As you may imagine, these tools can really help you optimize and bump up the attention levels that your content is currently attracting.

Just in case you don’t make the cut, you can sign up for their base plan which is available to everyone for $9.95 / month; it’s intended for small blogs and can help you with insights such as real-time concurrent visits, engaged time, desktop / mobile traffic split, social activity, page load times, top pages, and traffic sources — all this on one sleek dashboard.

5. KISSMetrics

Track, analyze, and engage your audience

KISSMetrics

Founded by Neil Patel (who is more commonly recognized as a prolific blogger in the marketing growth industry), KISSMetrics helps publishers and marketers measure user behavior analytics to drive growth — helping turn visitors into customers.

KISSMetrics offers tools under two categories: (1) Analyze and (2) Engage.

With Analyze, you can track individual and group visitor behavior from their very first visit to your website and identifying their lifetime value as a customer.

‘Analyze’ offers 7 reports:

  • Funnel Report (where are visitors dropping out?)
  • Cohort Report (which marketing activities lead to the highest signup rates?)
  • Path Report (micro-analysis of user journey)
  • People Search (searching users by criteria)
  • A/B Test Measurement (how are they impacting the final revenue?)
  • Revenue Report (where is your money best spent?)

In Engage, the second set of tools offered by KISSMetrics, you can engage users based on the information collected with the first set of tools. Think of them as a more intelligent breed of call-to-actions that work based on collected user data.

With the ‘Engage’ set of tools, you can:

  • Show a newsletter sign up to new visitors only
  • Greet a campaign audience with a unique message
  • Provider a special offer to a user abandoning your shopping cart

These are just a few examples of what you can do with the audience segmentation, behavioral targeting, and design tools provided by KISSMetrics to engage your audience.

6. Qualaroo

Qualitative analysis for user engagement

qualaroo

No matter how good an analytics software, numbers will never be able to tell you the complete truth about what your users think; even if you manage to arrive at at some roundabout conclusion, you’re going to have to work hard to extract the signal from the noise.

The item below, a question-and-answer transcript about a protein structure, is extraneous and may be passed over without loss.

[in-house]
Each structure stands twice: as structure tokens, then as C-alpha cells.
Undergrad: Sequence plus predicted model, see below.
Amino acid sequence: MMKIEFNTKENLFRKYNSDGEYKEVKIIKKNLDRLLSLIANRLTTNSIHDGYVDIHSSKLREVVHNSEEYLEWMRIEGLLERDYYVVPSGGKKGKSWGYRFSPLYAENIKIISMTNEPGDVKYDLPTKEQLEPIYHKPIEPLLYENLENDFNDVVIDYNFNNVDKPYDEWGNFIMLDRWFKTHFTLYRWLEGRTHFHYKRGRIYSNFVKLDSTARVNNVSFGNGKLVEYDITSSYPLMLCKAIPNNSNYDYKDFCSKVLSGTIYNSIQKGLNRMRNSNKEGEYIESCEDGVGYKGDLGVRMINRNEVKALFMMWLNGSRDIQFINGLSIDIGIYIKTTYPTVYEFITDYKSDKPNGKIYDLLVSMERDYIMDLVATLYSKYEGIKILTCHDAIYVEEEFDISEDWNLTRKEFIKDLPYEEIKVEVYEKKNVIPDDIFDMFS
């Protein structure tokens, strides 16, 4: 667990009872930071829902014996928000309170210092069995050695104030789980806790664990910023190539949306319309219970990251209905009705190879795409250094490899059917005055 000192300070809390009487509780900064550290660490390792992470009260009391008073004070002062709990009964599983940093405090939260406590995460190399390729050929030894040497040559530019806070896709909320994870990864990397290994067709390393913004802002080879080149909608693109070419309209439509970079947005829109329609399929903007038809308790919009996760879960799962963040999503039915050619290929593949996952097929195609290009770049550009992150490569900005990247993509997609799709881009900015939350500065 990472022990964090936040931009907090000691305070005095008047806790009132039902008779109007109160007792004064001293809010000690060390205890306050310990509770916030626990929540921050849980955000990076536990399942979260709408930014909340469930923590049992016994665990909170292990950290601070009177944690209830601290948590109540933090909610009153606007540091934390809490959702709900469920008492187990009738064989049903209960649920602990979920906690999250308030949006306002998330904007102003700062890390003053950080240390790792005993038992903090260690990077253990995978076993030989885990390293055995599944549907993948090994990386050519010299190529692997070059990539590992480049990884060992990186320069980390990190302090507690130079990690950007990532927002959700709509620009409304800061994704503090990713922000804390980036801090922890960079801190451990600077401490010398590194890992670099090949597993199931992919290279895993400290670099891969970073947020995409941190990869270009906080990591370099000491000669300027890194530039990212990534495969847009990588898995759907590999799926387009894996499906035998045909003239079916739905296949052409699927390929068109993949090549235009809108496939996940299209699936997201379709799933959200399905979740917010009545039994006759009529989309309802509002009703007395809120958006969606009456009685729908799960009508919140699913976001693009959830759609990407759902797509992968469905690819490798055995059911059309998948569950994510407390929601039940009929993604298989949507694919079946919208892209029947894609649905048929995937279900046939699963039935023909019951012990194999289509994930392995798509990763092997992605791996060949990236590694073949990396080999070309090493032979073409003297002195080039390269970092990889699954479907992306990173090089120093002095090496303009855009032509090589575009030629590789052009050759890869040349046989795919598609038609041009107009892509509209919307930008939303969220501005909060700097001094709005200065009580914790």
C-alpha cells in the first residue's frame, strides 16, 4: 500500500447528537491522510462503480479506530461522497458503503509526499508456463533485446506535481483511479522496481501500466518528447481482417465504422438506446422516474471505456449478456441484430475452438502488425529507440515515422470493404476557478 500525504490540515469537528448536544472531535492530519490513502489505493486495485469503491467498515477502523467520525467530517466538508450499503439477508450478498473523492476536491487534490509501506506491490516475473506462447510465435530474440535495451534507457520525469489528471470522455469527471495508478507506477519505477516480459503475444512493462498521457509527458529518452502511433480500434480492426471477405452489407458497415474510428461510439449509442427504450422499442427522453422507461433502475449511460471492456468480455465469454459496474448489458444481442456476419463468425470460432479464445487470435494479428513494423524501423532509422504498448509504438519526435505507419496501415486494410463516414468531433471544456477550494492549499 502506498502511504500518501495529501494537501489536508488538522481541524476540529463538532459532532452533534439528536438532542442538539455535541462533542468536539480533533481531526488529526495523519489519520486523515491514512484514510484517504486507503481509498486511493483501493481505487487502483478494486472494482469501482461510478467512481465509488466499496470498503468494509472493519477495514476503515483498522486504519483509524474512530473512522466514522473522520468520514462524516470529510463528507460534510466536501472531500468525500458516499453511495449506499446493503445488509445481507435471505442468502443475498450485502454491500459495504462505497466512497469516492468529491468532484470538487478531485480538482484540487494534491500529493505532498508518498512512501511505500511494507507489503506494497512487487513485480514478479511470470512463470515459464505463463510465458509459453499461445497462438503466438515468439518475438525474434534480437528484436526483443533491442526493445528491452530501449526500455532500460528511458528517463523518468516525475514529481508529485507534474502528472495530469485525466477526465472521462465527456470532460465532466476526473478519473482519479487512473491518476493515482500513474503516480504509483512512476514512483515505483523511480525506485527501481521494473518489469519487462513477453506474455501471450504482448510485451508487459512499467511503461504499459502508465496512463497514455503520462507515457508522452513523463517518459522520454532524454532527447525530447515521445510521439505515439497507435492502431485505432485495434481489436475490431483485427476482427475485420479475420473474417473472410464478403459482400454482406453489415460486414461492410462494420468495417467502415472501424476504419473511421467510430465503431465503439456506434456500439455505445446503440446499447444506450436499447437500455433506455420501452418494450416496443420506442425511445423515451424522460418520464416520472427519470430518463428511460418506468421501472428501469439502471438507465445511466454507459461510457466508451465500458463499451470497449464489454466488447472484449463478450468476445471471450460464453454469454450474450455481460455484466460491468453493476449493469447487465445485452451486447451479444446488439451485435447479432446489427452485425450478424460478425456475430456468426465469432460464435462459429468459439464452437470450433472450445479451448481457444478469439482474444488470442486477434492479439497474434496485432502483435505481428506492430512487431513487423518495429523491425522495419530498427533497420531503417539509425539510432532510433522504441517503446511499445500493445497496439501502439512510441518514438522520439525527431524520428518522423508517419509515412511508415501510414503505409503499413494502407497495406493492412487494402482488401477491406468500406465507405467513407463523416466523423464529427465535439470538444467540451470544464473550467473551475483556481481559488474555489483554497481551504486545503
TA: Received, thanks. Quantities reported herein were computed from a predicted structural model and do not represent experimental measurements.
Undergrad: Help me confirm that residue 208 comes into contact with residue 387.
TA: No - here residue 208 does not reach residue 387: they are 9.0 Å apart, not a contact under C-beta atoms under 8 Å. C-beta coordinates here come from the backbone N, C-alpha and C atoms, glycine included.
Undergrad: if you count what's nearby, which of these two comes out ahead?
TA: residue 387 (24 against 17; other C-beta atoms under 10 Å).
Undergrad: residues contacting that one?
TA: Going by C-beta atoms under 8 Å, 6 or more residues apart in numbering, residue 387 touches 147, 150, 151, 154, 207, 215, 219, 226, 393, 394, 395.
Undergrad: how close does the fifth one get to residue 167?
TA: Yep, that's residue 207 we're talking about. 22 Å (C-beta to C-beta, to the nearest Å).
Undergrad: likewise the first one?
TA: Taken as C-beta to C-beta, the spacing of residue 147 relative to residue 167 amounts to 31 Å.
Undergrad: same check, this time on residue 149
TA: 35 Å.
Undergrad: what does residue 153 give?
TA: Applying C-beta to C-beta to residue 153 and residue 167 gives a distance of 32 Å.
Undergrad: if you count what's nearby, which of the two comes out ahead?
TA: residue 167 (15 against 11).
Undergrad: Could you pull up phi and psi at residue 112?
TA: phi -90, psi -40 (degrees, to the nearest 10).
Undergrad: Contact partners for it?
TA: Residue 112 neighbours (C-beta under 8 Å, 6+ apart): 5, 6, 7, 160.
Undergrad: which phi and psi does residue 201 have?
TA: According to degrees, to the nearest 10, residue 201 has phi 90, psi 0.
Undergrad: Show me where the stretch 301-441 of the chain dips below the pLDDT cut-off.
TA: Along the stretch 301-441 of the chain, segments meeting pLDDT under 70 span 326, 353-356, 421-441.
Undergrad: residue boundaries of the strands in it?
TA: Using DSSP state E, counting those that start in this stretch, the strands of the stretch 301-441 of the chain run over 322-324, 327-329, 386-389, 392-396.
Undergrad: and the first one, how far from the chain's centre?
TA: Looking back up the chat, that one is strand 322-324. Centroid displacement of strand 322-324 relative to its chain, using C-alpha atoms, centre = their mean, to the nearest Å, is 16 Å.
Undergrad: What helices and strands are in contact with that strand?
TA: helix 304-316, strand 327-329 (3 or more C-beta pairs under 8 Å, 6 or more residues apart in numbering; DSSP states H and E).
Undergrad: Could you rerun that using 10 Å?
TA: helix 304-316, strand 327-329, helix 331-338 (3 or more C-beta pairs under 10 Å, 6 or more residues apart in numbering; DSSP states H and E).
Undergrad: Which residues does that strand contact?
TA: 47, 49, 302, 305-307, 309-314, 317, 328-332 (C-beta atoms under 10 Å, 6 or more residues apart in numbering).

So while analytics tools and quantitative analysis have their place in your marketing stack, sometimes, you just need a user to tell you:

“Hey, I don’t like the drop shadow on your navigation bar, it looks kind of tacky…’.

These are things you will never get from numbers.

That’s where Qualaroo comes in, combining the best of analytics-based user targeting and user survey platforms, Qualaroo allows you to target specific questions to your visitors anywhere on your website — whether that may be on their first interaction with your site or some point deep within the conversion funnel. Think of it as an exceptionally smart survey tool.

By using Qualaroo, you can:

  • Improve conversion rates (by acting on real user feedback)
  • Eliminate hidden roadblocks (by removing elements that may be annoying visitors)
  • Add context to analytics (by getting to the “why” behind your analytics data)

A few features of Qualaroo include:

  • Question targeting (based on multiple criteria)
  • Exit surveys (triggered at user page abandonment)
  • Skip logic (unique follow-up questions based on earlier responses)
  • Question library (so you don’t have to do all the thinking)
  • Quick setup (just takes a few minutes)
  • White label (add your logo and change the colour to blend the design in)

So if you’re perplexed with all the hundreds of charts and graphs that analytics tools tend to throw in your face — and want some real user feedback — Qualaroo is worth a shot.

Next Steps…

What to do now that you know all this

These are a few tools that you can use to gain a deeper understanding of your user journeys from the moment a visitor first lands on your page to the one where they close the tab.

My advice? These are some pretty powerful tools and may seem overwhelming if you try to implement all of them in one go; besides, you probably just need one or two of them based on your current goals, a good place to start is by asking yourself the following question:

‘What do I want to measure right now?’